But it has been mentioned above, but get a quote BEFORE you get in teh cab and that’s what you’ll pay. It’s unbelievable how many people don’t know or do this.

    And they guy who said taxi and bus drivers think they own the road is a fool. I drive both, as well as lorries, and during training we’re taught to accept any bad drivers on the road with nothing but a smile, yet it is always us that get the bad press!

    But, back to topic, a taxi driver can only start his meter if the client is late coming out, and as you have said that you weren’t late then the cabbie is out of order.

    Just don’t tar ALL of us with the same brush guys, please!!

    1. Fret not Jody Ruth, there’s no hate here – and I did specify three occasions to suggest there was a rising problem of drivers who just chance their arms. I suppose if I wrote a blog about lovely taxi drivers, I wouldn’t be sitting here with almost 70 responses – it’s the nature of the beast. Thanks for your comment 🙂

      1. *phew* thanks, Johnnie! Nice to know it’s still safe for me to walk/drive the streets without hatred 🙂

        Loved your blog, though, and even I have got into taxis where the cabbie is taking the piss. Word gets around quickly though, but unfortunately tourists don’t get to hear these words of wisdom…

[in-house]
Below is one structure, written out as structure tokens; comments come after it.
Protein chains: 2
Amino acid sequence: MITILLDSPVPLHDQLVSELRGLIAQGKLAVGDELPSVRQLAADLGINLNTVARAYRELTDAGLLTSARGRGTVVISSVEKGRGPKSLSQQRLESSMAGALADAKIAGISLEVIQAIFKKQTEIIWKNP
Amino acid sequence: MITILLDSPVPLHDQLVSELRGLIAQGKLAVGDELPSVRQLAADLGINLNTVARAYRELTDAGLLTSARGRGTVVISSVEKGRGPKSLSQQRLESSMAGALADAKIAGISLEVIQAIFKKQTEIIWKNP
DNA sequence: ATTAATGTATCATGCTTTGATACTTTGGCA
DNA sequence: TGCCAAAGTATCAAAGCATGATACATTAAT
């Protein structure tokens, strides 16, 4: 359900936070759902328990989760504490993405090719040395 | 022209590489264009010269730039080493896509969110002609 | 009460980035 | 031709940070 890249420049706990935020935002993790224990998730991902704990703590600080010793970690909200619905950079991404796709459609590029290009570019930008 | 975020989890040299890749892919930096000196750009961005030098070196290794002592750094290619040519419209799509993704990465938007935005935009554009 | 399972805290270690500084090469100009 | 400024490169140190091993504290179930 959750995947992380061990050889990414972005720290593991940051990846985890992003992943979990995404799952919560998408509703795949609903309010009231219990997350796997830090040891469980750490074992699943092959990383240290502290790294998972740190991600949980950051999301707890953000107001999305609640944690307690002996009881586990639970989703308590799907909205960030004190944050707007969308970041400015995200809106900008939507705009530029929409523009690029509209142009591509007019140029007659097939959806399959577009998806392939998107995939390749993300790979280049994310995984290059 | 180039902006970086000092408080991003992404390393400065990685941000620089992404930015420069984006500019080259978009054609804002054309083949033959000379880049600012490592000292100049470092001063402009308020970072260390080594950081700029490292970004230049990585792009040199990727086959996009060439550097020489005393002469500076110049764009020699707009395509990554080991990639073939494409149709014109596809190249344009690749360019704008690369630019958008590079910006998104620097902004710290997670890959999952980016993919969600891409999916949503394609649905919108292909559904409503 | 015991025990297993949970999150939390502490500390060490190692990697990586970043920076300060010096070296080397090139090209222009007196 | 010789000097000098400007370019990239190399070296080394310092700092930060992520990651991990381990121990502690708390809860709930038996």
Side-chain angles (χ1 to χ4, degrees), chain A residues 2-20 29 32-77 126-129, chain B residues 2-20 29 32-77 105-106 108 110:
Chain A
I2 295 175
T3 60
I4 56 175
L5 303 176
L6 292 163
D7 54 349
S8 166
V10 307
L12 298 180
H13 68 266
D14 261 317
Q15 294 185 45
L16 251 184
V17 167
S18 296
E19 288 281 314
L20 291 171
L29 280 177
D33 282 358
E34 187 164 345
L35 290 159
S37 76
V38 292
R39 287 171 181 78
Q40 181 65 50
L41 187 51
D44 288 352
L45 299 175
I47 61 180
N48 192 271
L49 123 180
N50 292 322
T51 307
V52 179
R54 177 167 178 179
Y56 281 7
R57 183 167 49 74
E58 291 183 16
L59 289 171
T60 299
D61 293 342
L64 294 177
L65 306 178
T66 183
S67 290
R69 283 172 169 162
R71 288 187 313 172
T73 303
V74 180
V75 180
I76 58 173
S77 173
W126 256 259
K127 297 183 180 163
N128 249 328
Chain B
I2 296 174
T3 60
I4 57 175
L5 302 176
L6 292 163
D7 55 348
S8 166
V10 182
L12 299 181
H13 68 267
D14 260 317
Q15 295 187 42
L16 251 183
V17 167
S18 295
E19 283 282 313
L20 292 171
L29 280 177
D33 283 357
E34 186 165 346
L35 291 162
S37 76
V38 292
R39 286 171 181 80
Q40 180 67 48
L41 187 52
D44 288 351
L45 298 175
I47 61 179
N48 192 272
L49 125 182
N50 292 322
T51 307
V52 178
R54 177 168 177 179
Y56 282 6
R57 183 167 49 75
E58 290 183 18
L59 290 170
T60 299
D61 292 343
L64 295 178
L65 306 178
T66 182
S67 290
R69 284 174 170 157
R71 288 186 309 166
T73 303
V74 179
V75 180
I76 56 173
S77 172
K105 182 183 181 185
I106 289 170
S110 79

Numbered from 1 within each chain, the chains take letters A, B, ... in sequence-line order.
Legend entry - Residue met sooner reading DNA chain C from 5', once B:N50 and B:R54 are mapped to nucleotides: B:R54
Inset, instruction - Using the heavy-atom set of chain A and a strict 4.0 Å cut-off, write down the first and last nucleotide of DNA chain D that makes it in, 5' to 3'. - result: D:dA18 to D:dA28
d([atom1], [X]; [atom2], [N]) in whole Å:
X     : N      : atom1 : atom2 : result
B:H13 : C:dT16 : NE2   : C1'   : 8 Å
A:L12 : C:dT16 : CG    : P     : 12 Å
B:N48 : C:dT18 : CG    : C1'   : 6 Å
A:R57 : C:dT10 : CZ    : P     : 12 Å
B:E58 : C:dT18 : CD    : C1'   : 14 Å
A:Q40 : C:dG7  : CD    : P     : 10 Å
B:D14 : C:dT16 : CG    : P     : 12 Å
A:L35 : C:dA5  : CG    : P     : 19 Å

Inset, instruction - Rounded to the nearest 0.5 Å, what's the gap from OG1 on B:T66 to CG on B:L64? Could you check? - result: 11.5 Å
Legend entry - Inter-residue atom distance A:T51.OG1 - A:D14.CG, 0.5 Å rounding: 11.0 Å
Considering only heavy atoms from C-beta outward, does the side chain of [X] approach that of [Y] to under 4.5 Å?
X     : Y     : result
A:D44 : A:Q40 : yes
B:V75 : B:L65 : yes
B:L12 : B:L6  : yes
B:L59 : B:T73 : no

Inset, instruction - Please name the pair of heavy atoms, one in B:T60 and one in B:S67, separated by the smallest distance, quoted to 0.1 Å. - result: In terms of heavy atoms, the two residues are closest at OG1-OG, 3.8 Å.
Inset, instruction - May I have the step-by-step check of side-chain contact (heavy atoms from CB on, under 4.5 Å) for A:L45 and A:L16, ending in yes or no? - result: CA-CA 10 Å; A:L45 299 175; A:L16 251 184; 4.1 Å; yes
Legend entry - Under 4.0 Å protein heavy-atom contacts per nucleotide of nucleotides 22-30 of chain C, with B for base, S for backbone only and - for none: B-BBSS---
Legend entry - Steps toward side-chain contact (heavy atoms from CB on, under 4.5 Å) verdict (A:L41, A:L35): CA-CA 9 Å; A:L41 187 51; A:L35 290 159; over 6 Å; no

39. Yesterday, I re-watched the old comedy “Airplane”:

    A customer steps into the heroes cab at the airport, as the latter is running off to catch his love interest. He makes sure to start the meter, searches through half the airport, and eventual buys a ticket for and boards (!) the flight where she serves a stewardess.

    After countless events culminating with an emergency landing with the hero at the controls, the movie ends—the poor passenger is still in the cab with an enormous meter count. “Another twenty minutes, but that is it.” (or similar) is his stated opinion.


    1. No matter how bad your cabby is, it could be worse.

    2. Draw limits for behaviour in time and do not let yourself be a door mat.

  40. Drove cab for a year. Nearly every other driver (but me) did this tactic. Most customers are too ashamed of being “car-less” (usually for DUI issues or because of poor driving or because they are scared to drive) to even say anything. Even business customers (airport/hotel suits) are often traveling on the company’s dime and so won’t say anything because it’s not their money. And a good 50% of the people don’t even look at the meter until they get where they are going.

    I never felt comfortable with it. The company I worked for was a split-book company (you paid 50% of the meter) rather than a rent-per-day company (like most are). So, if I started the meter and it ran $3 on it and then the customer never came out, cancelled the trip, or I was at the wrong address and had to scoot over a few blocks – usually because dispatch screwed up the pickup – then, I would have to eat $1.50. Not doing that.

    But far more importantly to me was customer goodwill. You make a person feel respected and comfortable and the trip goes better. The conversation is better. The customer might request you personally for future trips. And you will often get better tips on average (not saying money is a good reason for politeness, but rudeness never got anyone anywhere).